Once common throughout Africa and Asia, elephant populations have experienced significant declines over the last century. The greatest threat to African elephants is poaching for the illegal ivory trade. While Asian elephant populations are most at risk from habitat loss and resulting human-elephant conflict.
Read Pritish Kumar Halder explanation of different kinds of Elephants.
Classification Of Elephants –
Elephants are large terrestrial mammals belonging to the family Elephantidae within the order Proboscidea. The closest extant relatives of elephants are the dugongs, the manatees, and the hyraxes. Two distinct types of elephants were recognized, the African elephant (Loxodonta) and the Asian elephant (Elephas).
In 1942, the African elephants were classified into 18 subspecies. But genetic studies later recognized only two subspecies, the savannah elephant (L. a. africana) and the forest elephant (L. a. cyclotis). However, another major change in the classification of elephants came in the 21st century when DNA studies revealed that these two subspecies qualified to be treated as separate species.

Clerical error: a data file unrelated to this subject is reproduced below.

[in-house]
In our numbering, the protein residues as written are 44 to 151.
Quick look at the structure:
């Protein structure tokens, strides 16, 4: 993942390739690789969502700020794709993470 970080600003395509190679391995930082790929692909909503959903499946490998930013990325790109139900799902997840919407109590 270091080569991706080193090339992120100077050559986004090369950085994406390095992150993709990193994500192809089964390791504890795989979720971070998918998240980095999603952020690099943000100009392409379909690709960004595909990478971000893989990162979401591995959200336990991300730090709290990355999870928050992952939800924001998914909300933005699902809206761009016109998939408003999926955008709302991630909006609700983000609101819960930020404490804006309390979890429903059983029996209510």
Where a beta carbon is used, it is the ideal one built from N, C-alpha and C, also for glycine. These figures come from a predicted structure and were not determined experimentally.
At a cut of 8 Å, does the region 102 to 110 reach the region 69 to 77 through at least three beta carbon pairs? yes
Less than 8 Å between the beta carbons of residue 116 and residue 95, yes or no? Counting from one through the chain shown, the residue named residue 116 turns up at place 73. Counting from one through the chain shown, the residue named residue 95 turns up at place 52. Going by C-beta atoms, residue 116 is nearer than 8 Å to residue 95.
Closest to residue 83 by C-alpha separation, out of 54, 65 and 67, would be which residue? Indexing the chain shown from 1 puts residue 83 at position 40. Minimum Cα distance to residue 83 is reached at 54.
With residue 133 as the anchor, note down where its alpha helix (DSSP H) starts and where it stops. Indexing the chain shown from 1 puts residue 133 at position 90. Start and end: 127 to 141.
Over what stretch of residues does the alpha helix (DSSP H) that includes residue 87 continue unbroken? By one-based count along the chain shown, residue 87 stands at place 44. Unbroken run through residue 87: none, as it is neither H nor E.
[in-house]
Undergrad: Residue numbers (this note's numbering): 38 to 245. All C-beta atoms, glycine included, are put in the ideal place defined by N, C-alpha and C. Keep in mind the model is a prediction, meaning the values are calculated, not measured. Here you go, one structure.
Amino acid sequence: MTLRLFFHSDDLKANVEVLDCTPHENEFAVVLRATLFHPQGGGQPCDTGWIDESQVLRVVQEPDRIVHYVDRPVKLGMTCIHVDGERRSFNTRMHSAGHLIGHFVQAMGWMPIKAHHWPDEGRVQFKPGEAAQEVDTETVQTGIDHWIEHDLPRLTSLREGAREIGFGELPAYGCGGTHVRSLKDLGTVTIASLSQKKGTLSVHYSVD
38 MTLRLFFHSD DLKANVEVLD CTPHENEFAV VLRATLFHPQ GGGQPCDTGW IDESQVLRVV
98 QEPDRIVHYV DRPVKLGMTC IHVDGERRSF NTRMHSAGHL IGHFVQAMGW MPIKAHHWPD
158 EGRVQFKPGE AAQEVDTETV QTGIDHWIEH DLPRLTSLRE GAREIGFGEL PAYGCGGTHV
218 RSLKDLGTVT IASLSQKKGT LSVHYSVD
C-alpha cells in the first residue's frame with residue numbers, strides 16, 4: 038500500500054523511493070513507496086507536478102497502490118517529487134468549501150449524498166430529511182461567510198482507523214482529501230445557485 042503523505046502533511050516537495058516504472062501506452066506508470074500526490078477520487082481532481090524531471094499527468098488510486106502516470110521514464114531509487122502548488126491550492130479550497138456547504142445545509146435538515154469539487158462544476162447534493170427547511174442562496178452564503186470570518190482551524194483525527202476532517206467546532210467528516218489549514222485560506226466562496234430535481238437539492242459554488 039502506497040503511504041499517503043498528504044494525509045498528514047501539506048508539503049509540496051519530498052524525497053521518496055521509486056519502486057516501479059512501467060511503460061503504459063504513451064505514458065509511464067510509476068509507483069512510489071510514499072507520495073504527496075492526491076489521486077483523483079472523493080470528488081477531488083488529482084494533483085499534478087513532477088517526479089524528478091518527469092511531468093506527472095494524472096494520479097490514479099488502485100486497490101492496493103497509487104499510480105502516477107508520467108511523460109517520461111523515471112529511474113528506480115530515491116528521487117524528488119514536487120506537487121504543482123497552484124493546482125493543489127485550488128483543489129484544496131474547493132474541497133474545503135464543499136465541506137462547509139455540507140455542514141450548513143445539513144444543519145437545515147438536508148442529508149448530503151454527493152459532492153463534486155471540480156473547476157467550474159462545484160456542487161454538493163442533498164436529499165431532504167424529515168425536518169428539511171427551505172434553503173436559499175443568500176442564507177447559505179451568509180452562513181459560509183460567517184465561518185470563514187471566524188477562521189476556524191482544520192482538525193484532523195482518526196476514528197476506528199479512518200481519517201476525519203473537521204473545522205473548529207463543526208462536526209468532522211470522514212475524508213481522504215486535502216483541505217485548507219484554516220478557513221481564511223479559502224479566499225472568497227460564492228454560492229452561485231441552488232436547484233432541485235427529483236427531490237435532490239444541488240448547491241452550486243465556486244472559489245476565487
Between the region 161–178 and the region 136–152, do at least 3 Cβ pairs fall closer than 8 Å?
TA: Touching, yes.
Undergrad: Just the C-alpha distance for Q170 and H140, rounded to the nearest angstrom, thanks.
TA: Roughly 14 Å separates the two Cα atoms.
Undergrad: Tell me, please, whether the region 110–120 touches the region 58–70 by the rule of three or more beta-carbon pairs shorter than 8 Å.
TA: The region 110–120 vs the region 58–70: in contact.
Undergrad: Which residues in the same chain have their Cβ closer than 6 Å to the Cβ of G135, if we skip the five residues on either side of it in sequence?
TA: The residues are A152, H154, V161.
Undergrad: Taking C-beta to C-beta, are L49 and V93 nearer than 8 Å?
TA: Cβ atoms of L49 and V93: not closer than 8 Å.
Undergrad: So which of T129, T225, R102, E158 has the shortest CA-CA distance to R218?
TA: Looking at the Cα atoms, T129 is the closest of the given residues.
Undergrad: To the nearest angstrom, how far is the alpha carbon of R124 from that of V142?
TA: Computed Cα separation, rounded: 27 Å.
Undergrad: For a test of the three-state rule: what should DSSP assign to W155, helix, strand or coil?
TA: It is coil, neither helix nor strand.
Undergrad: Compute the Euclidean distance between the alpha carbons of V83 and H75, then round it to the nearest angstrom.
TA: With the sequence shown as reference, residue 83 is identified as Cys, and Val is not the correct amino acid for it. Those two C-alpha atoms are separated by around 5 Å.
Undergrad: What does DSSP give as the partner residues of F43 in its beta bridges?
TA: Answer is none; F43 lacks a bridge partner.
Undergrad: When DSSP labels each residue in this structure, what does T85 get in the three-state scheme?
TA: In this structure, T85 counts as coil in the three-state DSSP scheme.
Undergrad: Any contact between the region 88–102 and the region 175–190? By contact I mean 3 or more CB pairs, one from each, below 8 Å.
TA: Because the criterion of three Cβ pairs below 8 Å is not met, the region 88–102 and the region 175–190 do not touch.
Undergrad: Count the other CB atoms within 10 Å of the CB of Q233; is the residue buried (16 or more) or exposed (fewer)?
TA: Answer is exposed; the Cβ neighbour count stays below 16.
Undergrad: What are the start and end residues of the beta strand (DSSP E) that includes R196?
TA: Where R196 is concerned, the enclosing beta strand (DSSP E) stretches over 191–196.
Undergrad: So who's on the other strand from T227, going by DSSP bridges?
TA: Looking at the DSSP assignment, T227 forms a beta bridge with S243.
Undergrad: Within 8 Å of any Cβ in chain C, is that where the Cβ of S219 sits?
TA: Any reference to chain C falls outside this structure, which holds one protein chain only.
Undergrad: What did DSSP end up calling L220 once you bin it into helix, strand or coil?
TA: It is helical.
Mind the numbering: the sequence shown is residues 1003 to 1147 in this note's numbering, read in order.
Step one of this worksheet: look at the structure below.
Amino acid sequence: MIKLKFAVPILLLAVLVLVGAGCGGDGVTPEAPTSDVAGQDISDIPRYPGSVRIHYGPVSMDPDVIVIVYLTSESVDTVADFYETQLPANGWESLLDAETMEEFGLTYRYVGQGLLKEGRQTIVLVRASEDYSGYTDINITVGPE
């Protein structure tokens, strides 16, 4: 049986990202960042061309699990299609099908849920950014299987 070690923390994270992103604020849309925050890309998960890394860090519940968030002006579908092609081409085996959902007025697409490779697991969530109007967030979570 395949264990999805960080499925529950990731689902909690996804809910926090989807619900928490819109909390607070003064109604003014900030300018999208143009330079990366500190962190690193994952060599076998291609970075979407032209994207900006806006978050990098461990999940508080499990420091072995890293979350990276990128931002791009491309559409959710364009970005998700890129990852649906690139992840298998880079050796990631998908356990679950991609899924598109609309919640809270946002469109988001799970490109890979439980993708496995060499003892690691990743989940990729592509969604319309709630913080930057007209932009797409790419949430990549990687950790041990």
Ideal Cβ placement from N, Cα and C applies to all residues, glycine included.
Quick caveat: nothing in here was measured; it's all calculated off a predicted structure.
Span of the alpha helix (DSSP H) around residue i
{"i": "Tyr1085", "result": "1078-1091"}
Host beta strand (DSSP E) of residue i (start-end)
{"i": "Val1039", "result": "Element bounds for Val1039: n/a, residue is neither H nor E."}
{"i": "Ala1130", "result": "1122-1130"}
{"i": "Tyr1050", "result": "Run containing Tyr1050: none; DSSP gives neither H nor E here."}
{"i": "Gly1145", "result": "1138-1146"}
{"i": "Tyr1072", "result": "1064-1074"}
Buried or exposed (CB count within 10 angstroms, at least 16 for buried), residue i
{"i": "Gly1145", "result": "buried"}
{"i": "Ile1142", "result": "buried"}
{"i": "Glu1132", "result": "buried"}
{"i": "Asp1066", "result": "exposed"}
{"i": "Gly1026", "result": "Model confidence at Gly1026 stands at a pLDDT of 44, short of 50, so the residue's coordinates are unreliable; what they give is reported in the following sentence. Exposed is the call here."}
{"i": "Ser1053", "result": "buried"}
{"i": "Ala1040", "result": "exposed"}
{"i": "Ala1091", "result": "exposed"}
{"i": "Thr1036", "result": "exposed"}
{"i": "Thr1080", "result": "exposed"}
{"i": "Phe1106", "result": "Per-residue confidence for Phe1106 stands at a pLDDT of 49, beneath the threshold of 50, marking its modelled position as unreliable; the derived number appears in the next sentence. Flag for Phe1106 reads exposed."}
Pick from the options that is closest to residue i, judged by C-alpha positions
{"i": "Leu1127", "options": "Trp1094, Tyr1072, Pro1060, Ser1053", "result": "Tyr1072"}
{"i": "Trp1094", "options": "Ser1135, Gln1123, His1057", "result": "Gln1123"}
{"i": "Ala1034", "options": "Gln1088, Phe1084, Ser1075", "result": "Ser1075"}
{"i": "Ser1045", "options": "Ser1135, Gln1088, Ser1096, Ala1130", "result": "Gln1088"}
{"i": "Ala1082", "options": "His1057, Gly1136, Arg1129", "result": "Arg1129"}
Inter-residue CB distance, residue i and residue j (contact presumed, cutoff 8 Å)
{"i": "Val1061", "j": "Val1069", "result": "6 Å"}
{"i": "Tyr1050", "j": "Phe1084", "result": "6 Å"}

However, there are still debates regarding the classification of the African elephants into species and subspecies. And while some wildlife bodies recognize the bush and forest elephants as separate species. Others recognize them as subspecies of the African elephant.
Asian elephants are found in South Asia and South-east Asia, and there are three types of elephants in this species. The Sri Lankan elephant, the Indian elephant, and the Sumatran elephant. Some studies also classify the Bornean elephant as a distinct sub-species.
African elephants belong to the genus Loxodonta which has two extant species, the African bush elephant, and the African forest elephant. These elephants are the largest terrestrial animals on Earth and are famous for their massive size and intelligent behavior. Below is a description of the two species of African elephants.
The bigger of the two types of elephants found in Africa, the African bush or savannah elephant (Loxodonta africana) is more widely distributed in Africa than the forest elephant. This elephant is the heaviest and the largest terrestrial animal. The bush elephant can weigh as much as 10.4 tons and grow 13 feet tall at the shoulders. Their extremely large ears that are used to radiate excess heat is one of their most distinct characteristics. They also have longer trunks than other types of elephants and bigger tusks which are present in both sexes.